10. 10. In 2014, the top three toys for girls were dolls, while Legos and trucks topped the list for boys. “ eeeeeeeeeeeeeeeeeeeeeeeeeeeeeee rg
  11. 11. 5 CLOSE THE KID WAGE GAP SITUATION The wage gap starts earlier than you think. Parents often place greater value on the chores boys typically do (like taking out the trash) than on chores that girls usually do (like setting the table). As a result, boys spend less time on household chores but make more money than girls. ” SOLUTION Give your children equal chores and equal allowance. If your son and daughter take turns setting the table and taking out the trash, they’ll grow up knowing that women and men can—and should- split work evenly. #LeanlnTogether I LeanlnTogether. Org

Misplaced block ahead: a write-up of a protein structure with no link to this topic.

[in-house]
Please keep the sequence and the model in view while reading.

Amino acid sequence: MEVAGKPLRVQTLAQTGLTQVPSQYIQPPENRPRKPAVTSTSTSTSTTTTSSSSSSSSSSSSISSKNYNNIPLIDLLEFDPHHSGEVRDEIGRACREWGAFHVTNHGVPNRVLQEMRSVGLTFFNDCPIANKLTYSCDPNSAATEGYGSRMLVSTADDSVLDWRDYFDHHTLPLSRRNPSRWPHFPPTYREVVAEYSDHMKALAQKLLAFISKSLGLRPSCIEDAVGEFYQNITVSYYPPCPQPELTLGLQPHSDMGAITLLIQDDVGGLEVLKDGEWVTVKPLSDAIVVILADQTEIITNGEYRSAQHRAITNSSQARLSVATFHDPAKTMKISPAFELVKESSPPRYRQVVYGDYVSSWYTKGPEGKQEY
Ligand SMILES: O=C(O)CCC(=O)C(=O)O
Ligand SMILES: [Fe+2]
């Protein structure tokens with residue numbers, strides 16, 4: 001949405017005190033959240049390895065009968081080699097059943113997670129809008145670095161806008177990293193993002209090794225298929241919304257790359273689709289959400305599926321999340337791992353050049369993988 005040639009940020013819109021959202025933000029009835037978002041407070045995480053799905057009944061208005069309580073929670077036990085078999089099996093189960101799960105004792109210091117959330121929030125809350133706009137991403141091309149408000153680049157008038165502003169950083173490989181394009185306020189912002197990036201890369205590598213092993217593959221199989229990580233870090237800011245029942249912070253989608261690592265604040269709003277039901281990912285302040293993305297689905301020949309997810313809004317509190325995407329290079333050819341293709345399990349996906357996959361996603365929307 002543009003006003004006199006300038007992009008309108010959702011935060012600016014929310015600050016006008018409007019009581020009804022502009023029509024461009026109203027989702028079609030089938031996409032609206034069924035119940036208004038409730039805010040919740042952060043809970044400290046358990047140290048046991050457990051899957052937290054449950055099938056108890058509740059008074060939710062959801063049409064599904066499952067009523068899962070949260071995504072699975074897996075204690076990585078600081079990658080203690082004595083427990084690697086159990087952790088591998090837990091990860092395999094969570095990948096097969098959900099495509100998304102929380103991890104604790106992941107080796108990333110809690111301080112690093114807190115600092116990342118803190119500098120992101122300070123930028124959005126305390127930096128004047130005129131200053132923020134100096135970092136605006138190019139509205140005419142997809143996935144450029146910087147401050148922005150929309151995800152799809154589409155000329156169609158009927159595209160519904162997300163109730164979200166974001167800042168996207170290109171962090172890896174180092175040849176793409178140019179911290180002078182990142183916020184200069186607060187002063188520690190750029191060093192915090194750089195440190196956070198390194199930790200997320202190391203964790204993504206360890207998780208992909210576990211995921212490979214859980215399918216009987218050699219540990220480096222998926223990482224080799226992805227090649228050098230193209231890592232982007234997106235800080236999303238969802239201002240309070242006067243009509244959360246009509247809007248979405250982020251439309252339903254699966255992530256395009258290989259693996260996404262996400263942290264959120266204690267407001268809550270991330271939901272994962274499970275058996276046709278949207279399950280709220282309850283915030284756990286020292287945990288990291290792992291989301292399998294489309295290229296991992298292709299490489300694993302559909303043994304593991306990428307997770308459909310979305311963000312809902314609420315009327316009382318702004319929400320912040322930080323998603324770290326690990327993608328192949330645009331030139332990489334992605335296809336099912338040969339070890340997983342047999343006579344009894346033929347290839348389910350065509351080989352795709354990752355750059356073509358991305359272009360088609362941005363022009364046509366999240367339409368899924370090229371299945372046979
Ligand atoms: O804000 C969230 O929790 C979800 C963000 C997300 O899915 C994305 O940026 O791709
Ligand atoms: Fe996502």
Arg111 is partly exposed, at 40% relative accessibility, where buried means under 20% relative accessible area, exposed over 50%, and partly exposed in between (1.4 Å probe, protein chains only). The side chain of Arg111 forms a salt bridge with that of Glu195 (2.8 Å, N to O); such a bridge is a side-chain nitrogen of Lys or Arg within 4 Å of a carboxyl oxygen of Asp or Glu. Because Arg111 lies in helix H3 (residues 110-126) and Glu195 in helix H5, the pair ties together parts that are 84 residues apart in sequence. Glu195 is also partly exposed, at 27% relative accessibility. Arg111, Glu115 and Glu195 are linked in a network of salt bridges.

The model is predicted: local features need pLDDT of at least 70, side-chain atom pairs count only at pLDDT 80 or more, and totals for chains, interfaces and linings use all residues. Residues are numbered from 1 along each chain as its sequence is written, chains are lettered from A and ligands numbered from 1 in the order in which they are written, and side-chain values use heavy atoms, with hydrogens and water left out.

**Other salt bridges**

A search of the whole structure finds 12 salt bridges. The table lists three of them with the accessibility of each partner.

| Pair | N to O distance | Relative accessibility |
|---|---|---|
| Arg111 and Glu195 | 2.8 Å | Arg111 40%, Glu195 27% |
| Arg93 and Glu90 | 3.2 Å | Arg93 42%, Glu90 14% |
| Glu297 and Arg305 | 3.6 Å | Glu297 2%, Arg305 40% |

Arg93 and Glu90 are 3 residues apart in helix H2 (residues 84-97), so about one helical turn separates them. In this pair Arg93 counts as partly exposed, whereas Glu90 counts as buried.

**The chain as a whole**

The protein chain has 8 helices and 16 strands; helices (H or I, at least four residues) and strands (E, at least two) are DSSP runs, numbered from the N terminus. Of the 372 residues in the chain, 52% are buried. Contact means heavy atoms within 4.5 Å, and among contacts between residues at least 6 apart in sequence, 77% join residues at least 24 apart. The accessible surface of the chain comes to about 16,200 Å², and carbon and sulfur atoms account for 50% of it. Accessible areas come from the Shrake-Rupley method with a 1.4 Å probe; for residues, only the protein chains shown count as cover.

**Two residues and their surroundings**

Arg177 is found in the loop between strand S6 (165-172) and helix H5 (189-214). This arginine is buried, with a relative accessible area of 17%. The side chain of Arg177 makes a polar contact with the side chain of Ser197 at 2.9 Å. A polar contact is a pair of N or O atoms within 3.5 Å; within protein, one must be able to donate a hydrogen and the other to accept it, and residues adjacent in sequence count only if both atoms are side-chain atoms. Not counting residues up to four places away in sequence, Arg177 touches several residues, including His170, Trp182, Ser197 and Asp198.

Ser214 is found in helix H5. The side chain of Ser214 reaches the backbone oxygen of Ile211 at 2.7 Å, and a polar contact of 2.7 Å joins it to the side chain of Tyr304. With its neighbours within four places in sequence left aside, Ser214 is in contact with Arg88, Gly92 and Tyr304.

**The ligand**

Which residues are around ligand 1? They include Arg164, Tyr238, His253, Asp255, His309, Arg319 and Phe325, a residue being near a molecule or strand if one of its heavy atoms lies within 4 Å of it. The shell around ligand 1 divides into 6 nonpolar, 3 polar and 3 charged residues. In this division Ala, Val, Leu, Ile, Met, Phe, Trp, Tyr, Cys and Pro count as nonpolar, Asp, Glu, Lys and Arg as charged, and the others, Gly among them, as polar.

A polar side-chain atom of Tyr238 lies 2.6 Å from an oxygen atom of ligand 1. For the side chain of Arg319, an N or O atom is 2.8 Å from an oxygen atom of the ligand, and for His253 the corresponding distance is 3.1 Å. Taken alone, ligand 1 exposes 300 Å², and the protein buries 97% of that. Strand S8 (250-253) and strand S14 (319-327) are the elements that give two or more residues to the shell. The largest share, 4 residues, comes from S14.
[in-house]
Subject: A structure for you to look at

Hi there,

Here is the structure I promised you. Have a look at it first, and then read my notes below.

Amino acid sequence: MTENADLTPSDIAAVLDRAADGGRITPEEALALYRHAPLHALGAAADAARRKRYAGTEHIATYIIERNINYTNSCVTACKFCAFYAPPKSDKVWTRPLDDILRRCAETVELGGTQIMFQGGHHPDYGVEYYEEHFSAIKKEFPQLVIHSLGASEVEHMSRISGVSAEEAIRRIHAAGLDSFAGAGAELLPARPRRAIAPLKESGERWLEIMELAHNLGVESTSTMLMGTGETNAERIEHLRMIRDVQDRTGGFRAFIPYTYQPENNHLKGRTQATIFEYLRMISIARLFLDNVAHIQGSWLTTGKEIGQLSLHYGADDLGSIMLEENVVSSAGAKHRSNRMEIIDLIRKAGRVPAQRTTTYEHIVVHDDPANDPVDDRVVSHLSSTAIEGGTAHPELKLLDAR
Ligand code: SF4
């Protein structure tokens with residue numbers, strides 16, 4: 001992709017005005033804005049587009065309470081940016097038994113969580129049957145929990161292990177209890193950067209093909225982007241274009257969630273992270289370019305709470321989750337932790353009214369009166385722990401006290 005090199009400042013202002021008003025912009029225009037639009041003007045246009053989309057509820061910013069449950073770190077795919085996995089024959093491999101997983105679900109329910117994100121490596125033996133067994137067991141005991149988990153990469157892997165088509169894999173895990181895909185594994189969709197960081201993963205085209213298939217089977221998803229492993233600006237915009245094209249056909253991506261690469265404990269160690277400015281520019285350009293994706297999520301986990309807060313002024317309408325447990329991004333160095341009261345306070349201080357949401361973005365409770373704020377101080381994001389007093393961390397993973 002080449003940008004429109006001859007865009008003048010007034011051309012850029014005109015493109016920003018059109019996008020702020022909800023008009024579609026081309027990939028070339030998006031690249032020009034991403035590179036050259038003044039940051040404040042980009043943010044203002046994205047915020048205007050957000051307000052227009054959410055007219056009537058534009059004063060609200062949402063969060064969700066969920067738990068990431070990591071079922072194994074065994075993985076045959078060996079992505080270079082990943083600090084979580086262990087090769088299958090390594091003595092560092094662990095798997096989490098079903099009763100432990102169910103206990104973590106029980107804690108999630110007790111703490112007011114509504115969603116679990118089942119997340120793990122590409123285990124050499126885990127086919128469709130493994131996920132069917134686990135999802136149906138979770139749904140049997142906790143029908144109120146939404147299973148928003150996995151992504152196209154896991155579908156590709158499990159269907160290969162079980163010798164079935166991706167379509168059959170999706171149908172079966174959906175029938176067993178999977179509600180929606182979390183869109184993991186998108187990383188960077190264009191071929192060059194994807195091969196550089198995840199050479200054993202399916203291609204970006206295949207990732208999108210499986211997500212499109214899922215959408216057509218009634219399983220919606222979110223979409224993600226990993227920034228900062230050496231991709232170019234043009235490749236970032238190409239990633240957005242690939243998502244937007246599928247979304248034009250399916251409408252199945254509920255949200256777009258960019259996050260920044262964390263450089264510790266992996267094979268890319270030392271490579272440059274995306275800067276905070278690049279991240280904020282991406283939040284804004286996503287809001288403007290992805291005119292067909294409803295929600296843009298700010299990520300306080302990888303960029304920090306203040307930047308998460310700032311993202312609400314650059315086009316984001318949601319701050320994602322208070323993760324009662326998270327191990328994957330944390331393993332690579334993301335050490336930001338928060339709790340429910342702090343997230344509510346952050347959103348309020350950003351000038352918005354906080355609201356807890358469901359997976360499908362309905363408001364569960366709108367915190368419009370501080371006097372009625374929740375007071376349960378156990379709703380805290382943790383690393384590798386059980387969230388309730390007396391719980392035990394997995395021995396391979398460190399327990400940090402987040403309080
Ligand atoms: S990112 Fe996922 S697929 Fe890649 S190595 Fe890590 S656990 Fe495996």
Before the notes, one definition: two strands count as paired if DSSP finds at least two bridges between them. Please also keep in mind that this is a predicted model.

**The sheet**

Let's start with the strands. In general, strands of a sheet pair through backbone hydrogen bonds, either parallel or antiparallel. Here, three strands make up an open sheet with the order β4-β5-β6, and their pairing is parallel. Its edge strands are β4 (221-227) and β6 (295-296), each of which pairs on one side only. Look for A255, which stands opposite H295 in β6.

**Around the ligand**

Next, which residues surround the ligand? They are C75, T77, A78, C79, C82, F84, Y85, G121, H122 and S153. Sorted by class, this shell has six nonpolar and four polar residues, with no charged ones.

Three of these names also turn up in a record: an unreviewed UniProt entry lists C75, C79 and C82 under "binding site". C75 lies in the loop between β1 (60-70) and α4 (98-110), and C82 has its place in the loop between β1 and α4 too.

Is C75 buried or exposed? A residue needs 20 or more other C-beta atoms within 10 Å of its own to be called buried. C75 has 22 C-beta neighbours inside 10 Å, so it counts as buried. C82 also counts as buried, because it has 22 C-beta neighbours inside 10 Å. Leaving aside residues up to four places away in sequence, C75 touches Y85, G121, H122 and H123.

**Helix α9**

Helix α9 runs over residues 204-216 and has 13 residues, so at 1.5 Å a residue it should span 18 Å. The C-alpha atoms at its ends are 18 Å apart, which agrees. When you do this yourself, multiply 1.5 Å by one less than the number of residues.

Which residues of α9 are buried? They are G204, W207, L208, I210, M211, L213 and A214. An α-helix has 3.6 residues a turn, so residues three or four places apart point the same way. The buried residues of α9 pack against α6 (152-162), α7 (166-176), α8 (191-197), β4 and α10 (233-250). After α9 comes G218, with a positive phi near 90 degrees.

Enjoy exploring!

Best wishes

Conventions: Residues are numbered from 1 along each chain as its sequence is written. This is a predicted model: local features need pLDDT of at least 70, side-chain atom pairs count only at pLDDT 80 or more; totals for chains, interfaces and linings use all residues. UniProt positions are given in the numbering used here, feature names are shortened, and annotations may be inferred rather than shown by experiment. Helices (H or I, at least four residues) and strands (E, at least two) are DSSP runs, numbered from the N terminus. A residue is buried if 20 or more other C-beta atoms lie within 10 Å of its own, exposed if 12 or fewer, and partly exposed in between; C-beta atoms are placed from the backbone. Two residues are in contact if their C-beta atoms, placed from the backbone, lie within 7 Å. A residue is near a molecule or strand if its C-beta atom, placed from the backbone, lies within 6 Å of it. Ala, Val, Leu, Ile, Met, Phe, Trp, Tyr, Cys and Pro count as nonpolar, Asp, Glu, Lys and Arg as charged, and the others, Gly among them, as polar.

12. 12. Girls between the ages of five and twelve spend two more hours a week on chores than boys. “ #LeanlnTogether I LeanlnTogether. Org
  13. 13. 6 HELP YOUR DAUGHTER LEAD SITUATION Girls are often labeled “bossy” or “know—it—all” when they speak up or take the lead. By middle school, girls are less interested in leading than boys—a trend that continues into adulthood. ” SOLUTION Help your daughter set goals and break them into small, achievable steps. Encourage her to reach outside her comfort zone to build confidence, and help her enroll in sports or other organized activities. #LeanlnTogether I LeanlnTogether. Org
  14. 14. Your daughter’s not “bossy”—she has executive leadership skills! #LeanlnTogether I LeanlnTogether. Org